fashionable folly, while they are desperately destitute of all knowledge in every valuable economy of existence !—to suppose, in short, that that is worth striving for, or retaining for a day, which, at best, is of the earth, earthy, and forgotten with the turf which is flung upon the body, and which fades into the insignificance of the worm, before that which is continually sounding a lesson in our ears from the sky, and is at once great, beautiful, and eternal !
Mrs. Farrar's book is a friend of the young lady in more senses than one, and, in all, most emphatically so. There is no subject upon which she ought to dwell, that she has left untouched-so far, at least, as is connected with the well-being, reputation, and happiness of the class which she addresses. No useless, morbid fear of appearing indelicate, withholds the writer from a free expression of her opinions upon those topics which she manages so well, as well as so faithfully. This is right. It deserves praise. Many of the subjects which young women are apt to revolt from, when made the burden of a book or a chapter, they are only too apt to dwell upon with an ungraceful, and sometimes disgraceful satisfaction, in the useless and bad freedom of a secret, and sometimes bitter, conversation. All these things are managed as they should be by this lady; and the lessons she draws froin the principles which she lays down, or the conclusions she deduces, may as well be laid as deep in the bosoms of her young friends as their silks and muslins are in their drawers. Every direction is accompanied with its use, and that, too, in the most agreeable guise.
No one can help seeing—what Mrs. Farrar says in her conclusion she hopes no one can read her book without seeingthat she considers all true happiness as depending upon the faithful performance of duty, and all duty to be founded upon love to God, and love to man; that where these affections have the place to which they are entitled, they betray themselves in the smallest affairs of life, as well as in the most important; and that nothing is too trifling to be referred to those two great principles—whether it concern the constant and healthy action of body and mind, or the great interests with which both are connected.
The reader must apply the principles, and follow out the suggestions, which the writer so properly arrays and illustrates; volumes could be formed upon either; but they would be needless to a pure and enquiring spirit, which was once awakened to the topics which so nearly concern it. There is—and there must be
-a pleasure to a mind properly excited and properly directed, in tracing the application of those doctrines and truths which affect it with all the force and meaning of a vital principle. It is the pleasure of one who sees things in a moral light instead of a moral darkness—who feels a warmth with the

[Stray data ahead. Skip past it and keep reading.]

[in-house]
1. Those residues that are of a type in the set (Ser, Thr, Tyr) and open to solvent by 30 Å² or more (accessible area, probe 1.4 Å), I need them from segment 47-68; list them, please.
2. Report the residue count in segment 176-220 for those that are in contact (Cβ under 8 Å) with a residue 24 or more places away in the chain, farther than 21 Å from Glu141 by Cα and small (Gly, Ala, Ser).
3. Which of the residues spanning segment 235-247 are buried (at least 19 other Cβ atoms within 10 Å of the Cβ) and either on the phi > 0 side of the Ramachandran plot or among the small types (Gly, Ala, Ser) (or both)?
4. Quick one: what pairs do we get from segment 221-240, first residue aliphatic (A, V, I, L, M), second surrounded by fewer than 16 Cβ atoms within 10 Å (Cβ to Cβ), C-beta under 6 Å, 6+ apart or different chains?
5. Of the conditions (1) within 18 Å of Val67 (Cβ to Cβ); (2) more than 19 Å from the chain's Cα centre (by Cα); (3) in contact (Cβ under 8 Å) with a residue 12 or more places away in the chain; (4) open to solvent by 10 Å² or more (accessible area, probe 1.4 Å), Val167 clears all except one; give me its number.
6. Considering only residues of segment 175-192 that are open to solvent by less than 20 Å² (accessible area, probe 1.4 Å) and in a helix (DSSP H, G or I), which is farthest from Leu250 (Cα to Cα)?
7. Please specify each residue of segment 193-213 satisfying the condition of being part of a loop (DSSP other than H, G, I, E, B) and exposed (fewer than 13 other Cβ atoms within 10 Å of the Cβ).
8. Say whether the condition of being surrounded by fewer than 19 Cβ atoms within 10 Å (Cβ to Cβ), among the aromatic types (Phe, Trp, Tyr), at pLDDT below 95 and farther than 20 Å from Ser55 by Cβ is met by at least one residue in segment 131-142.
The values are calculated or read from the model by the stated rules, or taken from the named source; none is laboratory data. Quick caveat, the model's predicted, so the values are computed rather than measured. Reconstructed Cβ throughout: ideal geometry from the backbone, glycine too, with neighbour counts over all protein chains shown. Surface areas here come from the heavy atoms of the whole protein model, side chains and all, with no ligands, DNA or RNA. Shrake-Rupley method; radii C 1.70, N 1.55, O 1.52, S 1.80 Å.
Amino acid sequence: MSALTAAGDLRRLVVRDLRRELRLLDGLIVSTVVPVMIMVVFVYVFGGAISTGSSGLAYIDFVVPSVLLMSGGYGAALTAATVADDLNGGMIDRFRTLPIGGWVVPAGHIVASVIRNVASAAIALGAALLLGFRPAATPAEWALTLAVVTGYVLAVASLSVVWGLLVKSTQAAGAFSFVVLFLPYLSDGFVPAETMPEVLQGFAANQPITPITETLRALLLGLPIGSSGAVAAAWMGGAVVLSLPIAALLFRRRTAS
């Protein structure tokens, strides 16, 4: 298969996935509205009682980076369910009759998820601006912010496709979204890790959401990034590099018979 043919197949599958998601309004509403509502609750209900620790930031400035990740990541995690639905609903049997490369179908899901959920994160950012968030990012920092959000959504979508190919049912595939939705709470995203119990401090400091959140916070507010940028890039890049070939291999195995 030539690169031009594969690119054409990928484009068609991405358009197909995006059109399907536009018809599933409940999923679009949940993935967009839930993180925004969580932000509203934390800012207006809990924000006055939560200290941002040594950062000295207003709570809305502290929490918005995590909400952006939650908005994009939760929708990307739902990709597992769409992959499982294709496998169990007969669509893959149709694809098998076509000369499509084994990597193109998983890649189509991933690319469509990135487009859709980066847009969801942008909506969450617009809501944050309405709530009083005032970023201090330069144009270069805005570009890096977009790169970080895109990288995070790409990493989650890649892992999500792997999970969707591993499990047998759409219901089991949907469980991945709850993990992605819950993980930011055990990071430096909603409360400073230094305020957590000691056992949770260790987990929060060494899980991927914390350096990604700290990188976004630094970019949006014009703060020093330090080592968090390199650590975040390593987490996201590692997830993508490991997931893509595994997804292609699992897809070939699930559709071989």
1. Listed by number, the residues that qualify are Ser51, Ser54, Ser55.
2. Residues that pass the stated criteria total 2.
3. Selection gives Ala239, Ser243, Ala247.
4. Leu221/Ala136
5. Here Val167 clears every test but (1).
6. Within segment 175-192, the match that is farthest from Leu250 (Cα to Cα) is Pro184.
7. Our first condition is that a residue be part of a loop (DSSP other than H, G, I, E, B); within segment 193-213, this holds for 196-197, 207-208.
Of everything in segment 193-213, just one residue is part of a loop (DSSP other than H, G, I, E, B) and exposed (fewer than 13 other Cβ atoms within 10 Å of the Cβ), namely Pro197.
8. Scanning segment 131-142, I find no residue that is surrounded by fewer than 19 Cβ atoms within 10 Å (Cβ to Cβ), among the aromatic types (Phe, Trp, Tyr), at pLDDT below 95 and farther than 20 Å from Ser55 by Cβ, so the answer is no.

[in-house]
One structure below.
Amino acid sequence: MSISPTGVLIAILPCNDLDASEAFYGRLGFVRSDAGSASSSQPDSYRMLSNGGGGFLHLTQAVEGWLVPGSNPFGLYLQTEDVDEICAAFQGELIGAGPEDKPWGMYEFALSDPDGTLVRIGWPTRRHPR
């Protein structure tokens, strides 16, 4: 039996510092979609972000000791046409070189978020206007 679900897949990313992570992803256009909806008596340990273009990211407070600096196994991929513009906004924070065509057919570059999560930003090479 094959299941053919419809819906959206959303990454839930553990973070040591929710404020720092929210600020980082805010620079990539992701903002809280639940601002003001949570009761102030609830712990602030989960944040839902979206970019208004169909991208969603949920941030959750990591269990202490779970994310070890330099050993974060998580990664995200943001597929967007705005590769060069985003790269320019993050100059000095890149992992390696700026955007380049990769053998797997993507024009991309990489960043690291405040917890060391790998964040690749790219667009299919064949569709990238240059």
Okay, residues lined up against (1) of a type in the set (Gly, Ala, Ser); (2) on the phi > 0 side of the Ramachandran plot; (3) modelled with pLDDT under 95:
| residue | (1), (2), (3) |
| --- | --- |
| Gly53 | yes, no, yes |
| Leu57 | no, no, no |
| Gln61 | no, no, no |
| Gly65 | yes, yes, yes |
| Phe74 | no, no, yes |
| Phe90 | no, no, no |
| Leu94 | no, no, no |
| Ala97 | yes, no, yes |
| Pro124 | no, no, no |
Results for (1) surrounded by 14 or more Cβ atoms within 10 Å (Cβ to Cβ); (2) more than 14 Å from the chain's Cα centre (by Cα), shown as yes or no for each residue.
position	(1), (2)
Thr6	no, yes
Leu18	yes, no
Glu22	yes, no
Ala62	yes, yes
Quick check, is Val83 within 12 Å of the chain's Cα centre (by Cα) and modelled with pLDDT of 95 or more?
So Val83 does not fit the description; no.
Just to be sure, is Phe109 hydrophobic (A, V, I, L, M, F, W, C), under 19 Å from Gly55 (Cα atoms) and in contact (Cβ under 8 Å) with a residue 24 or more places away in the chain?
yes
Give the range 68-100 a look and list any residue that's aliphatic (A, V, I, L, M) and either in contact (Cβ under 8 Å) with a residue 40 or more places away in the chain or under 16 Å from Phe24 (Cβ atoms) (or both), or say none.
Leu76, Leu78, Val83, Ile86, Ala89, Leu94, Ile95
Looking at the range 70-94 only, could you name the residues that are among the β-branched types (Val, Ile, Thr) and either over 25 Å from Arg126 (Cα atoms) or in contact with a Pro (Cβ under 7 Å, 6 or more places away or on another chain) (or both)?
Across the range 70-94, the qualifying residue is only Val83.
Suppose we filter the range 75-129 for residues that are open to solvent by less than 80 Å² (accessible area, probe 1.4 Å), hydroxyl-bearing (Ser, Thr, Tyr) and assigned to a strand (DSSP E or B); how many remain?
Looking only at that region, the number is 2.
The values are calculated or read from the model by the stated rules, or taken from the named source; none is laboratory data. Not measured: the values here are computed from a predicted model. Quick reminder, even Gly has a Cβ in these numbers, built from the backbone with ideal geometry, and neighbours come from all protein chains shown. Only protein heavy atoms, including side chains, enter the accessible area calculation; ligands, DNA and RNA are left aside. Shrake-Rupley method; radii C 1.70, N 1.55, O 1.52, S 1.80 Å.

illumination, and not merely the unsatisfactory radiance that may gleam where all is desolate and cold.
A great difficulty and mistake in female education lies here. It is too apt to be supposed by girls, after they have left school, that they have done with it, indeed. This supposition is most sadly false. They have just begun their course, and their school is the world about them. Their best, as well as their worst, lessons are now to be taken ; and their characters are to be formed for the circle in which they are to perform their revolution. This must surely appear to be of infinite consequence to the intellect or the heart that views correctly the trial to which they are to be submitted. The greatest and most lasting lessons are now to be learnt. They are those which connect themselves with the life, and almost ever retain an influence during its continuance. A simple conviction of these facts would seem to be sufficient, without any recommendation through the medium of a volume like this. But woman is too ready to believe herself prepared for the encounter of a world when she has only been-indifferently it may be—schooled in some of the principles and precepts which ought invariably to govern it.
Again—the lessons which are derived by girls from the wisdom of a master or mistress, are but one in a thousand to the multiplicity which is continually presented by the curious and changing society which they must eventually either discredit or adorn. The variety of attention which the numberless duties and situations of life most properly and naturally demand, would not, we are confident, be, by any means, conjectured, without a work like this, to which we referred above, and which, we cannot but remark, touches so gracefully and unhesitatingly upon all. It is an attention, also, as important as it is multiform. It will be required for the lady as well as the girl—and for the mother and housekeeper, it is more than probable, as well as for the lady. There is, therefore, some one other than herself that the young lady" is to consult in making the conduct of her life a leading object of consideration, and herself familiar with that simple but valuable knowledge which pertains so immediately to her sex in almost every conceivable situation of her existence.